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Report: More New York students taking AP exams

Tuesday, February 11, 2014
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A student writes notes in the Advanced Placement (AP) Physics class at Woodrow Wilson High School in Washington, Friday, Feb. 7, 2014. The College Board says in a new report that the number of U.S. public students taking Advanced Placement classes doubled over the last decade. The class of 2013 of took 3.2 million AP exams.
A student writes notes in the Advanced Placement (AP) Physics class at Woodrow Wilson High School in Washington, Friday, Feb. 7, 2014. The College Board says in a new report that the number of U.S. public students taking Advanced Placement classes doubled over the last decade. The class of 2013 of took 3.2 million AP exams.

— More public high school graduates in New York and around the country are taking Advanced Placement exams than a decade ago, according to a report.

The College Board, which runs the exams, is issuing its annual report Tuesday on the AP Program, looking at every state.

In New York, 38 percent of 2013 public high school graduates took an AP exam during high school, up from 31 percent in 2003. In 2013, that was more than 67,000 students out of almost 177,000.

The report finds the percentage of black and Latino high school students in New York taking the exam had gone up since the previous year.

Nationwide, over a million members of the public high school class of 2013 took AP exams, up from just over 514,000 in 2003.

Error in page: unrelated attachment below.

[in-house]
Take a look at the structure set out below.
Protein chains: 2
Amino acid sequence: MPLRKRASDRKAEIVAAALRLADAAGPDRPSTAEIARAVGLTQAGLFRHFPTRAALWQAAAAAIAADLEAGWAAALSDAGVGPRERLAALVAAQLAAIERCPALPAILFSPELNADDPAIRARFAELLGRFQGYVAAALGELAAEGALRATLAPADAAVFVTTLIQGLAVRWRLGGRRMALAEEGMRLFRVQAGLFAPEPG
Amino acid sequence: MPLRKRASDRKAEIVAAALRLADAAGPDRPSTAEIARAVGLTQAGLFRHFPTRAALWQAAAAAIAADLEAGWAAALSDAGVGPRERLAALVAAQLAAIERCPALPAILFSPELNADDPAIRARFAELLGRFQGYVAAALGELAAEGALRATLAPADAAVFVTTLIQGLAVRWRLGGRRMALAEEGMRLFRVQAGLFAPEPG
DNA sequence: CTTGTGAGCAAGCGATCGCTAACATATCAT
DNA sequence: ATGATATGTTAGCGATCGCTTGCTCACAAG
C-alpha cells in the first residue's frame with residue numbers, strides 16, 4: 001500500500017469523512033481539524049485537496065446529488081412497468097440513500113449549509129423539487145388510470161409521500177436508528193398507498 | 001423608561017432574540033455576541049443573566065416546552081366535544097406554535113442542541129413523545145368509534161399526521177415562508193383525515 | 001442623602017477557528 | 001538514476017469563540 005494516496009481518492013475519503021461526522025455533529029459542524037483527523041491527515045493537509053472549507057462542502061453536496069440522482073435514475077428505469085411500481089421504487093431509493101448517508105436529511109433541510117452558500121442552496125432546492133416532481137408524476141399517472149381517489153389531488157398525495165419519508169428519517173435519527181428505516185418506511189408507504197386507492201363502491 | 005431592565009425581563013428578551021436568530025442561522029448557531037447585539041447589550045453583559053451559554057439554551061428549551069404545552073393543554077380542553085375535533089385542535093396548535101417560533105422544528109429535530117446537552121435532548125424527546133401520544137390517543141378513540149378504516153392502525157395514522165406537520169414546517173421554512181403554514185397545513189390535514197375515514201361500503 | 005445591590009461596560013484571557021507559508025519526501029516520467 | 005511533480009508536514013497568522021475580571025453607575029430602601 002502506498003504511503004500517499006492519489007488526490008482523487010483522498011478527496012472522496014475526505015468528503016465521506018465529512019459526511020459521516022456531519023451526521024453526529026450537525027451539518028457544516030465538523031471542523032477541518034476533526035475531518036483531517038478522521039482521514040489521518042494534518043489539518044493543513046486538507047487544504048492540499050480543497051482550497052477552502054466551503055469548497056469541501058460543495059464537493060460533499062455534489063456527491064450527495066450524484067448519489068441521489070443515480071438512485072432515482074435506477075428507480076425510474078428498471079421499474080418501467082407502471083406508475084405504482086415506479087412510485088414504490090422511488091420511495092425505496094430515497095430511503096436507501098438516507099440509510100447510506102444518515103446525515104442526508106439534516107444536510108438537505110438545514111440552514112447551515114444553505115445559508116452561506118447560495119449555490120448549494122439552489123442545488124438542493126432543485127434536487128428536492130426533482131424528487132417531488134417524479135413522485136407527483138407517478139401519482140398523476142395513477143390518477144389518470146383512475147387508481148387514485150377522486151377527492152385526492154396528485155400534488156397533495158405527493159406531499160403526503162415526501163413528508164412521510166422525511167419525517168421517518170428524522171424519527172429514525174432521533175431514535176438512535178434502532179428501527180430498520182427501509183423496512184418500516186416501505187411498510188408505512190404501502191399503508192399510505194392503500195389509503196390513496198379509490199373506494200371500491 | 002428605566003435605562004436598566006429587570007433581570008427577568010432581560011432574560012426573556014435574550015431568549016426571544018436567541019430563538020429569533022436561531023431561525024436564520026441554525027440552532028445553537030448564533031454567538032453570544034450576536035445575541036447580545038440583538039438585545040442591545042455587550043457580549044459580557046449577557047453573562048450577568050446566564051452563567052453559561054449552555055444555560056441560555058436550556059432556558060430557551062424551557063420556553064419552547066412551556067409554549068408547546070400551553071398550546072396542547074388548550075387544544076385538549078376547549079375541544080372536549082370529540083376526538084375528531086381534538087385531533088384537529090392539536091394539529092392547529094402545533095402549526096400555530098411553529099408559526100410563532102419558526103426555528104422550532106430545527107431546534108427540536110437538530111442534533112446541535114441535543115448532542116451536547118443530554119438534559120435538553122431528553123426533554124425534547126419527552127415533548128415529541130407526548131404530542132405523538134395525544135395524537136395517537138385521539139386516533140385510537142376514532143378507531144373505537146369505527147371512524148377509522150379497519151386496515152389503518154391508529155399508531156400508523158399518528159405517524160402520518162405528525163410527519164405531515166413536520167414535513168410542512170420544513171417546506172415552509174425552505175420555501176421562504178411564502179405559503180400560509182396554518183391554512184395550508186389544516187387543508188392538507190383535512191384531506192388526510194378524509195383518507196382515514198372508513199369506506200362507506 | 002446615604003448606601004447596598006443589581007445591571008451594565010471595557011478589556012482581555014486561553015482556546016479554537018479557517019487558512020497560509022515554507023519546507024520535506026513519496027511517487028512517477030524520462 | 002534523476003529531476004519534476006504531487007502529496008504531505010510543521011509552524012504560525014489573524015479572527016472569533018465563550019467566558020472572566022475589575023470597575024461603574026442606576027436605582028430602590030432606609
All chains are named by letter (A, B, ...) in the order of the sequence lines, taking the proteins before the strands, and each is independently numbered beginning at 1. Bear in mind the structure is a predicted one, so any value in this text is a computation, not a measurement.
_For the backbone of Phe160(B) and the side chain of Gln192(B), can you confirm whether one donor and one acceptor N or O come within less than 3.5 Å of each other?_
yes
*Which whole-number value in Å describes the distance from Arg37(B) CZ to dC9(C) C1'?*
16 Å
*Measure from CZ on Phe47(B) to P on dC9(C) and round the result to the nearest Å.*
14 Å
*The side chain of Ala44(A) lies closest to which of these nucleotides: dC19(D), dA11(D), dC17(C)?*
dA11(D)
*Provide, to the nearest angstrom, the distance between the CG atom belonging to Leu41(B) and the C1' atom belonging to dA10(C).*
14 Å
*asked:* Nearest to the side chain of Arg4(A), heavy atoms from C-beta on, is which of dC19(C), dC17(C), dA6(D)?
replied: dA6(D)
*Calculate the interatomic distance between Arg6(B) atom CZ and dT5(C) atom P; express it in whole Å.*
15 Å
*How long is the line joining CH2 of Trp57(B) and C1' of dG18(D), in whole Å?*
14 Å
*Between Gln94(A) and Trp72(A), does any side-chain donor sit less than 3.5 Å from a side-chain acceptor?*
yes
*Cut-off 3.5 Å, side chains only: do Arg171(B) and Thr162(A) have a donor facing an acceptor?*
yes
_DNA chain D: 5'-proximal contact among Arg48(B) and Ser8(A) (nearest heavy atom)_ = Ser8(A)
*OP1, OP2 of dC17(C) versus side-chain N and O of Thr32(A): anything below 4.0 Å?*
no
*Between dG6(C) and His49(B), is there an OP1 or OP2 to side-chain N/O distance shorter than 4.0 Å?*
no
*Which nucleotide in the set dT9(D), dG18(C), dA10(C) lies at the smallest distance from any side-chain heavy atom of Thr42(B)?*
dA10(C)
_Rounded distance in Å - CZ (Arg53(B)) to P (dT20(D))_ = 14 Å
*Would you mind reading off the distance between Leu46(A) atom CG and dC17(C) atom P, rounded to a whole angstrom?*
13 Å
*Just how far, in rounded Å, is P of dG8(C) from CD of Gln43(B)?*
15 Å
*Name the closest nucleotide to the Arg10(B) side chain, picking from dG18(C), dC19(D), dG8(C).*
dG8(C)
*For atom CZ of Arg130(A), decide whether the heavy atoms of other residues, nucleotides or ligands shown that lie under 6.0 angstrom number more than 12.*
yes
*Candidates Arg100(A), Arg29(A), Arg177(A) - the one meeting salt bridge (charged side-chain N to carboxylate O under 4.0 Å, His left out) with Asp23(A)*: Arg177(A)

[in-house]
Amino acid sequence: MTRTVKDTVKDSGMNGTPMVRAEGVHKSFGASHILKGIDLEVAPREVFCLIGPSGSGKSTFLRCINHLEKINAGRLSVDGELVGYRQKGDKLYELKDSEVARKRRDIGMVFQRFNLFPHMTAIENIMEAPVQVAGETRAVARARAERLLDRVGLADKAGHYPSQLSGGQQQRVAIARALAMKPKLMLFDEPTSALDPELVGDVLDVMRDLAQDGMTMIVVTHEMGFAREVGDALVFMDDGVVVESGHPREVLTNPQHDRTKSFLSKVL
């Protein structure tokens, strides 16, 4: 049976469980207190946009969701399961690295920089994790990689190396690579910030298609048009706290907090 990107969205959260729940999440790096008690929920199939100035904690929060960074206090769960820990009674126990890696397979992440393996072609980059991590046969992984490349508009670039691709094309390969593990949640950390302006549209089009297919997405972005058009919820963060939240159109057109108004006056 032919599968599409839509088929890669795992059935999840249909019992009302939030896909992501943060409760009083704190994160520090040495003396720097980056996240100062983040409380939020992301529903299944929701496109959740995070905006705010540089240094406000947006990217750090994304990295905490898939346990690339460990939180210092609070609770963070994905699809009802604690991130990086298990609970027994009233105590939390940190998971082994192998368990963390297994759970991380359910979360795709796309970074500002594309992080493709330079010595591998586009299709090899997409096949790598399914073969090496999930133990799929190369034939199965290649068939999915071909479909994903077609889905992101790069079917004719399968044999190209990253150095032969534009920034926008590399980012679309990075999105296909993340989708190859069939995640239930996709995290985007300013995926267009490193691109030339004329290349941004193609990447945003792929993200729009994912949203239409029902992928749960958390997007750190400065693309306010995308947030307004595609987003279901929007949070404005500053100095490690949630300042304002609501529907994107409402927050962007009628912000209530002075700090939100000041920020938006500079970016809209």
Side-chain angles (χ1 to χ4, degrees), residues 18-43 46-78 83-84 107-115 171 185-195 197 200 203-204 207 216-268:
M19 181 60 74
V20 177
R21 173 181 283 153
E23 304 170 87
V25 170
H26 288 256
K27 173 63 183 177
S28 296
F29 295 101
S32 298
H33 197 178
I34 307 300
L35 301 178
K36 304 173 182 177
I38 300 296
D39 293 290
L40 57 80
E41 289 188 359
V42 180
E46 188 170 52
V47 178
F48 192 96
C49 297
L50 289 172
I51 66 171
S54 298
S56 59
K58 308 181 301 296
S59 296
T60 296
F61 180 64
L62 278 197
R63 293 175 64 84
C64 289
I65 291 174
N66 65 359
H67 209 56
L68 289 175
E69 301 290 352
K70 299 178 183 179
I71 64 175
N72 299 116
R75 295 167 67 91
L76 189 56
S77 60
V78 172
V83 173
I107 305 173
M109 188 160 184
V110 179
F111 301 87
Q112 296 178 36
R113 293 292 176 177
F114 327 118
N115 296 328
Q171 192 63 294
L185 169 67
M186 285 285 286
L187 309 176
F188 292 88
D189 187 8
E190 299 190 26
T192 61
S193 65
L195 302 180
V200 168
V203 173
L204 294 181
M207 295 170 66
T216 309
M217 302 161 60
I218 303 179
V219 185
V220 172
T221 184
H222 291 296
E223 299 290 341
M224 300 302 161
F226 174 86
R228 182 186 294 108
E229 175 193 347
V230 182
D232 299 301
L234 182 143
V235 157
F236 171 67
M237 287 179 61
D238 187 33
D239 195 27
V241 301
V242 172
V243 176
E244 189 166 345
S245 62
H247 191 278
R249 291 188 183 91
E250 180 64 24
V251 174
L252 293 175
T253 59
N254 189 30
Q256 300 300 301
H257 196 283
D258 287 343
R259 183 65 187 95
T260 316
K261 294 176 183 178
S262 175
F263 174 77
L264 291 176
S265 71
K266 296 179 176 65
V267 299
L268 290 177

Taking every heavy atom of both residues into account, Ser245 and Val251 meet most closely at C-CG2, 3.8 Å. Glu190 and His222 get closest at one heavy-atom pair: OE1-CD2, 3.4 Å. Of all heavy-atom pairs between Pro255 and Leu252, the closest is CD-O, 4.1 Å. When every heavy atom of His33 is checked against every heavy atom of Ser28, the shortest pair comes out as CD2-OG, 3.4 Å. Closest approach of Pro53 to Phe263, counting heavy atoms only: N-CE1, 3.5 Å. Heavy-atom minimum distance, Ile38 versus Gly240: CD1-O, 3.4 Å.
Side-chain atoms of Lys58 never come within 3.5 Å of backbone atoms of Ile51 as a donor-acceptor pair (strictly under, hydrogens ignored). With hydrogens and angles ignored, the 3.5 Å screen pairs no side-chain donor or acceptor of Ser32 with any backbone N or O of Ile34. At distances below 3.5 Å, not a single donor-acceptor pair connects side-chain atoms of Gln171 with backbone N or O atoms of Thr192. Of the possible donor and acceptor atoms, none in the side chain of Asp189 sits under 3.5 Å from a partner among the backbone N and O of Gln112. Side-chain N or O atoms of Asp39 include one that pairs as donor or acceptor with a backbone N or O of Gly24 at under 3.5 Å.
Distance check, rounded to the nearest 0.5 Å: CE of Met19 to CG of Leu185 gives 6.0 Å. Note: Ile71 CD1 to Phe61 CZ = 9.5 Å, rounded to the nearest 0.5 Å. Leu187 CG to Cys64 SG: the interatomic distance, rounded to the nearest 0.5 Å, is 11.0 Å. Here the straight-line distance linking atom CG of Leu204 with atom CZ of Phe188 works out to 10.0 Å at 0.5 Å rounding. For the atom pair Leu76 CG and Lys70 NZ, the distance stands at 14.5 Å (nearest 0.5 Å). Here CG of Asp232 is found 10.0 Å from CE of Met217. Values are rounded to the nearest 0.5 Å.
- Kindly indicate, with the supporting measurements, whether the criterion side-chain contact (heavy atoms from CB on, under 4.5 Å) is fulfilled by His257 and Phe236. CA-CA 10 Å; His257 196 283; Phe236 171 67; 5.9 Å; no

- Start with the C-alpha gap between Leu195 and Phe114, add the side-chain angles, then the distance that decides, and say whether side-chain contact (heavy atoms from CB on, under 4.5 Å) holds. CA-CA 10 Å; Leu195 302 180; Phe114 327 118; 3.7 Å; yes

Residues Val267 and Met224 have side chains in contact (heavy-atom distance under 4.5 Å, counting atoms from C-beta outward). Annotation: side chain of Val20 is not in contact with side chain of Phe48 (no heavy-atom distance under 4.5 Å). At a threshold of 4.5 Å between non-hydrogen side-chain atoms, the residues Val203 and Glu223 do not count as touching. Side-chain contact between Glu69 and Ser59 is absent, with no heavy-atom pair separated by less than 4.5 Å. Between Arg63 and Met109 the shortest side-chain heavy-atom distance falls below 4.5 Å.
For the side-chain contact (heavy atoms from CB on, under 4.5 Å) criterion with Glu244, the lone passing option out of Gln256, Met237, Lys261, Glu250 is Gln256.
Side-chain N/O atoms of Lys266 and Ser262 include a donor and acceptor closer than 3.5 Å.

Advanced Placement classes are academically rigorous, and doing well on the exams can earn college credit for a high school student.

State Department of Education Deputy Commissioner Ken Slentz said it was important for kids to be exposed to these kinds of academically challenging courses and their exams.

"All of these high-rigor courses are what really sets apart those students who are college- and career-ready from those who are not," he said.

He said the increase in the number of students taking the exam was encouraging, but "we remain concerned that because of fiscal pressure, districts will cut some of these offerings."

Slentz said that it can be difficult for some districts, some of the rural ones and conversely, some of the urban ones, to be able to offer the classes because they don't have the teachers with the training to lead them. To that end, he said, the state has taken steps like offering a grant toward the creation of online advanced placement courses, a project that is currently in the works.

 
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